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An Ontario court has denied an appeal by Canadian Imperial Bank of Commerce and upheld an earlier ruling that the bank broke federal labour law by allowing employees to work unpaid overtime for years.

The Toronto-based bank had appealed a 2020 decision by Ontario’s Superior Court that held CIBC liable for unpaid overtime owed to as many as 31,000 employees who worked as tellers or in other front-line customer service roles between 1993 and 2009.

CIBC challenged five separate issues of law relating to liability, damages and limitation periods. But Justice Peter Lauwers and Justice Lorne Sossin of Ontario’s Court of Appeal dismissed the appeal and awarded costs to the class action’s plaintiffs.

The decision means CIBC is still liable for former bankwide policies on overtime that failed to record actual hours of work by thousands of front-line staff, illegally putting the onus on employees to get overtime pay preapproved by managers. The lead plaintiff, teller Dara Fresco, and other CIBC employees said in affidavits that while overtime was expected at the bank, asking for compensation was discouraged, and that preapproval for overtime wages was difficult to get.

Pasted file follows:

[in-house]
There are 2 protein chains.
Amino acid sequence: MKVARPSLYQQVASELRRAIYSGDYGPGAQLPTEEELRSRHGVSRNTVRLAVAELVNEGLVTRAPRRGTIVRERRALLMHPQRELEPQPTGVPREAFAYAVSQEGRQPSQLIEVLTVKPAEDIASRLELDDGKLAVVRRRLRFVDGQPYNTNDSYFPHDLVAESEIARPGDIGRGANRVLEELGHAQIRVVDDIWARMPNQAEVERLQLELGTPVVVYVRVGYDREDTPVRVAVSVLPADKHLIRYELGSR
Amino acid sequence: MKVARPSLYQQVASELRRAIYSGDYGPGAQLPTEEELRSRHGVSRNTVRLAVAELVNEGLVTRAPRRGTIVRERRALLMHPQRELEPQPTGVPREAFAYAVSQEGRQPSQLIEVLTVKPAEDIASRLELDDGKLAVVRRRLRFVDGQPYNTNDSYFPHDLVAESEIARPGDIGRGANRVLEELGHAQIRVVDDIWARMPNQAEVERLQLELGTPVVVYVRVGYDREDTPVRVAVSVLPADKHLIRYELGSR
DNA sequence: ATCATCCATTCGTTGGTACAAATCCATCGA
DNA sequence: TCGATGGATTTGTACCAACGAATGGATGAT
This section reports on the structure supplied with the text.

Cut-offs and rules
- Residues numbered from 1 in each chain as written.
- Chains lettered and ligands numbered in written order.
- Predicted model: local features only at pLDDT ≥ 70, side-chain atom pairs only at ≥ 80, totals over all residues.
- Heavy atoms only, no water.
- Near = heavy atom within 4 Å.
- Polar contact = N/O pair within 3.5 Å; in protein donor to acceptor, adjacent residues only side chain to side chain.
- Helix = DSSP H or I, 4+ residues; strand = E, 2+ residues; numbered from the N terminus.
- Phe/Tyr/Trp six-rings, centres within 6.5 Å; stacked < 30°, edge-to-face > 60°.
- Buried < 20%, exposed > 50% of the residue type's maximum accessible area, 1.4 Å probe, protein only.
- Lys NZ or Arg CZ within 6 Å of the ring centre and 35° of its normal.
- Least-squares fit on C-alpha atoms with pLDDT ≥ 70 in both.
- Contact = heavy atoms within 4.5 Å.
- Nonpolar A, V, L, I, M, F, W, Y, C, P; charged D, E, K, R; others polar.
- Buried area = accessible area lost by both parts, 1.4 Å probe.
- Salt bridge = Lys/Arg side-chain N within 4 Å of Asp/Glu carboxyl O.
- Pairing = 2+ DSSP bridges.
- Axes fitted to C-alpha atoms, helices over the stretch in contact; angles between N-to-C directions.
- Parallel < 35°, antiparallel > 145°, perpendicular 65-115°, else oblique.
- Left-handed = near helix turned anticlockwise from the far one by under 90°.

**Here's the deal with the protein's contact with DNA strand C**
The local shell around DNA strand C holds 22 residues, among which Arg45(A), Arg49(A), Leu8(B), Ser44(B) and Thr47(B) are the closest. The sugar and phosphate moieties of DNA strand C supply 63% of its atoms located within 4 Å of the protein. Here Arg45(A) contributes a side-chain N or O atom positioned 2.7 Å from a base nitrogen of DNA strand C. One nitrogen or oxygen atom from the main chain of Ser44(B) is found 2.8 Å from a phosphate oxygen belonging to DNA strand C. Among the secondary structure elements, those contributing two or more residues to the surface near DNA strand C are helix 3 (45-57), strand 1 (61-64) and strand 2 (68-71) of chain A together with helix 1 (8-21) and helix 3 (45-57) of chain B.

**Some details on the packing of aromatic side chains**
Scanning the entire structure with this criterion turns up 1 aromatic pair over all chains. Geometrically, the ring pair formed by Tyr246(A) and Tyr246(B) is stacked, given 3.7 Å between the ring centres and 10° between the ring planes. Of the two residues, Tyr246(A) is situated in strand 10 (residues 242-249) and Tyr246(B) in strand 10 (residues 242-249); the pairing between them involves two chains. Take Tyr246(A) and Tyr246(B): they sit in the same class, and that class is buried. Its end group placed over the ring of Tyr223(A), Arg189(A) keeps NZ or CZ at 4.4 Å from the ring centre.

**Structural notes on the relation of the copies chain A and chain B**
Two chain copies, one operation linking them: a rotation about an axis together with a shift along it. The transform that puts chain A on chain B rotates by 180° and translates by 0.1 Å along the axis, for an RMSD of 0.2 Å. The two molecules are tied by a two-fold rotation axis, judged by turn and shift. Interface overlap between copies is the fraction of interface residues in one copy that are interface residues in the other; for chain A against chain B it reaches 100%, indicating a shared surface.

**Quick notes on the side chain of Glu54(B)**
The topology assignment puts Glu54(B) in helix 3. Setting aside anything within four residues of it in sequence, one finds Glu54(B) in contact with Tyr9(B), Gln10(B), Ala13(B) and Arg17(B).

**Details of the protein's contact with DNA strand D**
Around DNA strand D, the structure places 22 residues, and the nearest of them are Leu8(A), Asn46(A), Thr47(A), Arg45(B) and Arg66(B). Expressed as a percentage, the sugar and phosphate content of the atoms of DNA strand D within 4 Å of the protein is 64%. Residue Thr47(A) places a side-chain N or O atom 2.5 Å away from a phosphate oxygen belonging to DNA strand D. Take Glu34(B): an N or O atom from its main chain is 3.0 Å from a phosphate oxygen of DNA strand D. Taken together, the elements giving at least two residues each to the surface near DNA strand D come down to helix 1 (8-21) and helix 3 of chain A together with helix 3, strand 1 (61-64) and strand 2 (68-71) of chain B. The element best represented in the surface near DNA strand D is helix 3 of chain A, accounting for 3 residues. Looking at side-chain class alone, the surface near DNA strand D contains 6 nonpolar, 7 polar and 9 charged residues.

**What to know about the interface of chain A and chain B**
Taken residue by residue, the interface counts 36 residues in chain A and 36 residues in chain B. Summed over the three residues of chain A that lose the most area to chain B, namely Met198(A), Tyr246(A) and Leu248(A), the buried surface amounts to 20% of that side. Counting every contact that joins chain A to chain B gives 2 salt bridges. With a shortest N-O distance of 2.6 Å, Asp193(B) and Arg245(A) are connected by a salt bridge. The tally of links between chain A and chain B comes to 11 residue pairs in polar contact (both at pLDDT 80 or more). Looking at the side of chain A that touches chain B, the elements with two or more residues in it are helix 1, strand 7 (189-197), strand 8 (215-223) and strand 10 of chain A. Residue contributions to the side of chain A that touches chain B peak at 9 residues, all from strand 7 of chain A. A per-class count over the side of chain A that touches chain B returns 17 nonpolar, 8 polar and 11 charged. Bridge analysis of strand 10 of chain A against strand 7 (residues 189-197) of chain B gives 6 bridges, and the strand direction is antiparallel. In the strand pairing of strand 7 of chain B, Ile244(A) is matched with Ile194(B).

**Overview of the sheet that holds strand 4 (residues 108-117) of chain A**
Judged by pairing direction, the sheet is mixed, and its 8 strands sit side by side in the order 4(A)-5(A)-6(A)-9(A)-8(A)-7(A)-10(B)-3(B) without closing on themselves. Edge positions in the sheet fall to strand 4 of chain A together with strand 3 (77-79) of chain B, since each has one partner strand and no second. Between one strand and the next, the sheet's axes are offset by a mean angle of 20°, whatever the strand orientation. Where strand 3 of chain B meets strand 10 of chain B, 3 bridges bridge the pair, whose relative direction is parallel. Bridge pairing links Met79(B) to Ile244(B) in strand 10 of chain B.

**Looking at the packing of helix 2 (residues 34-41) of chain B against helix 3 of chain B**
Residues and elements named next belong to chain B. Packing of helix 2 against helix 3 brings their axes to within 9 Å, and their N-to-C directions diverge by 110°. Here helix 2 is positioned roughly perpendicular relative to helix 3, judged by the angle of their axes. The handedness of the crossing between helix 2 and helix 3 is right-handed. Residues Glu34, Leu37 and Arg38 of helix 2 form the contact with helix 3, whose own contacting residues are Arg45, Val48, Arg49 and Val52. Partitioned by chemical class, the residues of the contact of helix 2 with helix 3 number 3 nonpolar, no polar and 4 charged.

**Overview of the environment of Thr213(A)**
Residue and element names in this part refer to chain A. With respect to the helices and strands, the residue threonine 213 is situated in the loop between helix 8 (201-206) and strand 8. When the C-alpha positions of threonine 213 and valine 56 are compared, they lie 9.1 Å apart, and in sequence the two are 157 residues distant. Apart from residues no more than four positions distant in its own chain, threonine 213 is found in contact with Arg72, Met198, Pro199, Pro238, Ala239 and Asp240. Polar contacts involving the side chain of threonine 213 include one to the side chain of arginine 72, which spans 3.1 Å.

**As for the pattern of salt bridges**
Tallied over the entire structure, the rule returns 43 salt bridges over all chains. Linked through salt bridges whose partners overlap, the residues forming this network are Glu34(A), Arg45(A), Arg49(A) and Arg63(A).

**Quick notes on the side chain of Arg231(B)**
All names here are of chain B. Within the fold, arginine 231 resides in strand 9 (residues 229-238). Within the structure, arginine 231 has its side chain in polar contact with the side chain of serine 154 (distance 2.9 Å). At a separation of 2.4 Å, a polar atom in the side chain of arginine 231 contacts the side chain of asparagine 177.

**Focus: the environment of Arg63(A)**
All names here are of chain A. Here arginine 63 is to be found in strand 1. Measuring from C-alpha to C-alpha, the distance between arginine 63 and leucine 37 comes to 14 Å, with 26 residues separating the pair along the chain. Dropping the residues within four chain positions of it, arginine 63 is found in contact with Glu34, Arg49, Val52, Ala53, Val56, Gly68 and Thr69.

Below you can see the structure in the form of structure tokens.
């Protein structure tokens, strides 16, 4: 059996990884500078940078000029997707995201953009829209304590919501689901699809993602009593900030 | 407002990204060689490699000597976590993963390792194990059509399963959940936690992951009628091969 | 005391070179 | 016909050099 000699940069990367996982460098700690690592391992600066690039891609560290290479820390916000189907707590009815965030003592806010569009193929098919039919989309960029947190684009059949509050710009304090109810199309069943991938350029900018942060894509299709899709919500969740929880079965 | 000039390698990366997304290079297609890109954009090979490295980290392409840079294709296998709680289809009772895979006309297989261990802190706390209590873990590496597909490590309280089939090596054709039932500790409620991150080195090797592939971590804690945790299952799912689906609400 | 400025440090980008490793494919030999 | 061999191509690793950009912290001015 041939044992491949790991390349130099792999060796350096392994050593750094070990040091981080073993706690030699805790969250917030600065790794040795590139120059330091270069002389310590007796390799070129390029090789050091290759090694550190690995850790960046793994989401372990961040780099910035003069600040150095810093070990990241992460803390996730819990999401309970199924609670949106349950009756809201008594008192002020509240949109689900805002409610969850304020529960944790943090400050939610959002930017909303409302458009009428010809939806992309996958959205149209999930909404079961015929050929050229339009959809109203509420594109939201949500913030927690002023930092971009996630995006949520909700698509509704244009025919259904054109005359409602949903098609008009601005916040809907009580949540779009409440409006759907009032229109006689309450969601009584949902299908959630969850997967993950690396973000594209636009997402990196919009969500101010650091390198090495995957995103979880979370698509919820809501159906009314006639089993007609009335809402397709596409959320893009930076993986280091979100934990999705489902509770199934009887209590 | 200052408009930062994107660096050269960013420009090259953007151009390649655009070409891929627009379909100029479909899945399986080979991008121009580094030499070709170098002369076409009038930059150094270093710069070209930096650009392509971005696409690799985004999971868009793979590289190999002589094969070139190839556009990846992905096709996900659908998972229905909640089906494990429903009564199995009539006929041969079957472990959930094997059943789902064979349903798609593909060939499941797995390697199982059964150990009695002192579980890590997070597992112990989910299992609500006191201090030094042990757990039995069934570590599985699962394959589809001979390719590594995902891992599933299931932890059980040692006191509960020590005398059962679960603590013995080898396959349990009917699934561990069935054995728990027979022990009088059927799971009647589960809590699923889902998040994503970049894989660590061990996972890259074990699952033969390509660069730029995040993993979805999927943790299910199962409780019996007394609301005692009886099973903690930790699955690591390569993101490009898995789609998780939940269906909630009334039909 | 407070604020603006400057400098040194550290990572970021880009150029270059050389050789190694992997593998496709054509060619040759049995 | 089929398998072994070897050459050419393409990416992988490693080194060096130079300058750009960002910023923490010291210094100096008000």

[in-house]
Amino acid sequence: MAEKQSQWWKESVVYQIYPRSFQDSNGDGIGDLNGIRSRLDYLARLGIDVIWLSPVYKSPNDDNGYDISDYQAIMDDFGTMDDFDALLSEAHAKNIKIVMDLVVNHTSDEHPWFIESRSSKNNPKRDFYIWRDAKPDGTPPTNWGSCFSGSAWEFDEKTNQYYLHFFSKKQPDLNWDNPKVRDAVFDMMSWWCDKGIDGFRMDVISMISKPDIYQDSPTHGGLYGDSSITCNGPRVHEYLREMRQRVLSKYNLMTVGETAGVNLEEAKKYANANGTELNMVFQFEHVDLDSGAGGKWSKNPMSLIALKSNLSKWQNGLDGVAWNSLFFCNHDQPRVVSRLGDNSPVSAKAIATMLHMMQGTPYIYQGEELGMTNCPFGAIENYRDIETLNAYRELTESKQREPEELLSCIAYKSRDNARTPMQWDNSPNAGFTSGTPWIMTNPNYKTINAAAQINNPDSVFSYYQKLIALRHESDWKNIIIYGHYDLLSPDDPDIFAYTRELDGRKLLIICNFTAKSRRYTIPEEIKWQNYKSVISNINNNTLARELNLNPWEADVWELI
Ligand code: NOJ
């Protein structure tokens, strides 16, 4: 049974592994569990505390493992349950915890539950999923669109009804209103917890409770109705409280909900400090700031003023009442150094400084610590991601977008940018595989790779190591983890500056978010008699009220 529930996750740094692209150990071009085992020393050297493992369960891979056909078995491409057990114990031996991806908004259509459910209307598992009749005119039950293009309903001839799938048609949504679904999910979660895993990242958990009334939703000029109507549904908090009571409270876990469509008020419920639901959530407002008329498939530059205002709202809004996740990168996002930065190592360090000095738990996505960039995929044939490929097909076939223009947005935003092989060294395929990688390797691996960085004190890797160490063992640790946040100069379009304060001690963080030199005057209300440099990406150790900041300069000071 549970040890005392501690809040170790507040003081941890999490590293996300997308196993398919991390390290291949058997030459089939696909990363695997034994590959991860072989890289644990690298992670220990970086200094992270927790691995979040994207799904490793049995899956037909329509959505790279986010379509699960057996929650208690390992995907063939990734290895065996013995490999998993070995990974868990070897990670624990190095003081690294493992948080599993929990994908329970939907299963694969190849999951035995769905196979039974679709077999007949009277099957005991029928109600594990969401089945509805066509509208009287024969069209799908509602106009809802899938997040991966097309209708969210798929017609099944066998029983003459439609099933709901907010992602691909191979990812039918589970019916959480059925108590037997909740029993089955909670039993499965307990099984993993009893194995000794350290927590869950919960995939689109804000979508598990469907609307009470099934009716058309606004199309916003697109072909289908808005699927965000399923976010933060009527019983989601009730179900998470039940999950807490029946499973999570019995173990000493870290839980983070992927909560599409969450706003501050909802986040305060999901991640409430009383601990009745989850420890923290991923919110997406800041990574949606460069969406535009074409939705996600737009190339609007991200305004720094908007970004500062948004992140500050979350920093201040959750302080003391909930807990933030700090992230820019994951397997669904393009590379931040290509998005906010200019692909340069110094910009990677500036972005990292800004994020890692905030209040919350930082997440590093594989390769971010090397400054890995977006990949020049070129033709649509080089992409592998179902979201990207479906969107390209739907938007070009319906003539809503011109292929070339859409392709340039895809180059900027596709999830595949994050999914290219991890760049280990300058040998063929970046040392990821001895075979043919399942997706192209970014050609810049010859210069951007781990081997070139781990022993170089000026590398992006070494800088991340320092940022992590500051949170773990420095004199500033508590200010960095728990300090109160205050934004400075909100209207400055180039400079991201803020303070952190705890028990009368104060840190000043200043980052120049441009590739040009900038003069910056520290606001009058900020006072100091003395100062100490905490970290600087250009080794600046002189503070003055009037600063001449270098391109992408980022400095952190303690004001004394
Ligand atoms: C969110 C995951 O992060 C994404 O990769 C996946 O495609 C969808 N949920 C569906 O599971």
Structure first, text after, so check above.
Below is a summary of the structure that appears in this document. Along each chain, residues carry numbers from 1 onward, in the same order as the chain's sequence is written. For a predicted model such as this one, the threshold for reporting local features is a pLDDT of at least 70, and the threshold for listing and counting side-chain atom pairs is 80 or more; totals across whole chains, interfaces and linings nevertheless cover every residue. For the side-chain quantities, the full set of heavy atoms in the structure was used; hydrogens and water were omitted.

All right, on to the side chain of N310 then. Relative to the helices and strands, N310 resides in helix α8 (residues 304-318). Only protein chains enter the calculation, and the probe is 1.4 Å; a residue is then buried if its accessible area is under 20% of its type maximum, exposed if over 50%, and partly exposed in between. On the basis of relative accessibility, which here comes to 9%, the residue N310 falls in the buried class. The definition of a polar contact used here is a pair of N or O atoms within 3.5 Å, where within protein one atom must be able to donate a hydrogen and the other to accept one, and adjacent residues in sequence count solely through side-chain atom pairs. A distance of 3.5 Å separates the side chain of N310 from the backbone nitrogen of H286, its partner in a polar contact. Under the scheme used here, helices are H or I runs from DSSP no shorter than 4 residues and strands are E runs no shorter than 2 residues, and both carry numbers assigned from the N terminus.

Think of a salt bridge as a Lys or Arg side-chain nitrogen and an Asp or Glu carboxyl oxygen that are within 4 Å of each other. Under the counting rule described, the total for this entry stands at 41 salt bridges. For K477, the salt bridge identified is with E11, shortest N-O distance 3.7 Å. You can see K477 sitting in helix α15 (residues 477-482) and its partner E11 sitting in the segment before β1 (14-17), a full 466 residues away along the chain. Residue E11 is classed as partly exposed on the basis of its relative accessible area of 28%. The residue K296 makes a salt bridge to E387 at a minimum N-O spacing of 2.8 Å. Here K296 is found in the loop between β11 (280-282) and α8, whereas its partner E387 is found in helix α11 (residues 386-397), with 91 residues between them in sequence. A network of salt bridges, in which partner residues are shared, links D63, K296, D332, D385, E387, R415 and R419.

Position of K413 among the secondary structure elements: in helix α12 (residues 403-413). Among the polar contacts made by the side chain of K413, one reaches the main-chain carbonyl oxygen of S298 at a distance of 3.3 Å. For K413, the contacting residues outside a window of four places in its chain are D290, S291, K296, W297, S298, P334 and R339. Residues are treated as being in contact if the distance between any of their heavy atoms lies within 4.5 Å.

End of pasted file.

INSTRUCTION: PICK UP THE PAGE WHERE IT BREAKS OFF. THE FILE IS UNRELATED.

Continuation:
CIBC’s policies required overtime hours be preauthorized except in “extenuating circumstances,” but the court found that was too restrictive and violated the Canada Labour Code, which requires employers to pay overtime if they “require or permit” it.

“We’re reviewing the decision and assessing next steps,” CIBC spokesman Tom Wallis said in an e-mail.

The class action was launched in the summer of 2007, and any damages CIBC may be required to pay are still to be determined. Lawyers for the plaintiffs had sought $500-million in damages, and the court will hear submissions from experts in late September on how damages should be calculated.

But Steven Barrett, a lawyer at Goldblatt Partners LLP who represents the CIBC employees covered by the class action, in an interview urged the bank to “come to the table and negotiate a fair and reasonable outcome for their employees.” He pointed to a 2014 settlement that Bank of Nova Scotia reached with employees on similar issues.

“They’ve had their day in court. It’s been almost 15 years since these employees were brave enough to bring this class action, and it’s time for them to at least get some compensation,” Mr. Barrett said.

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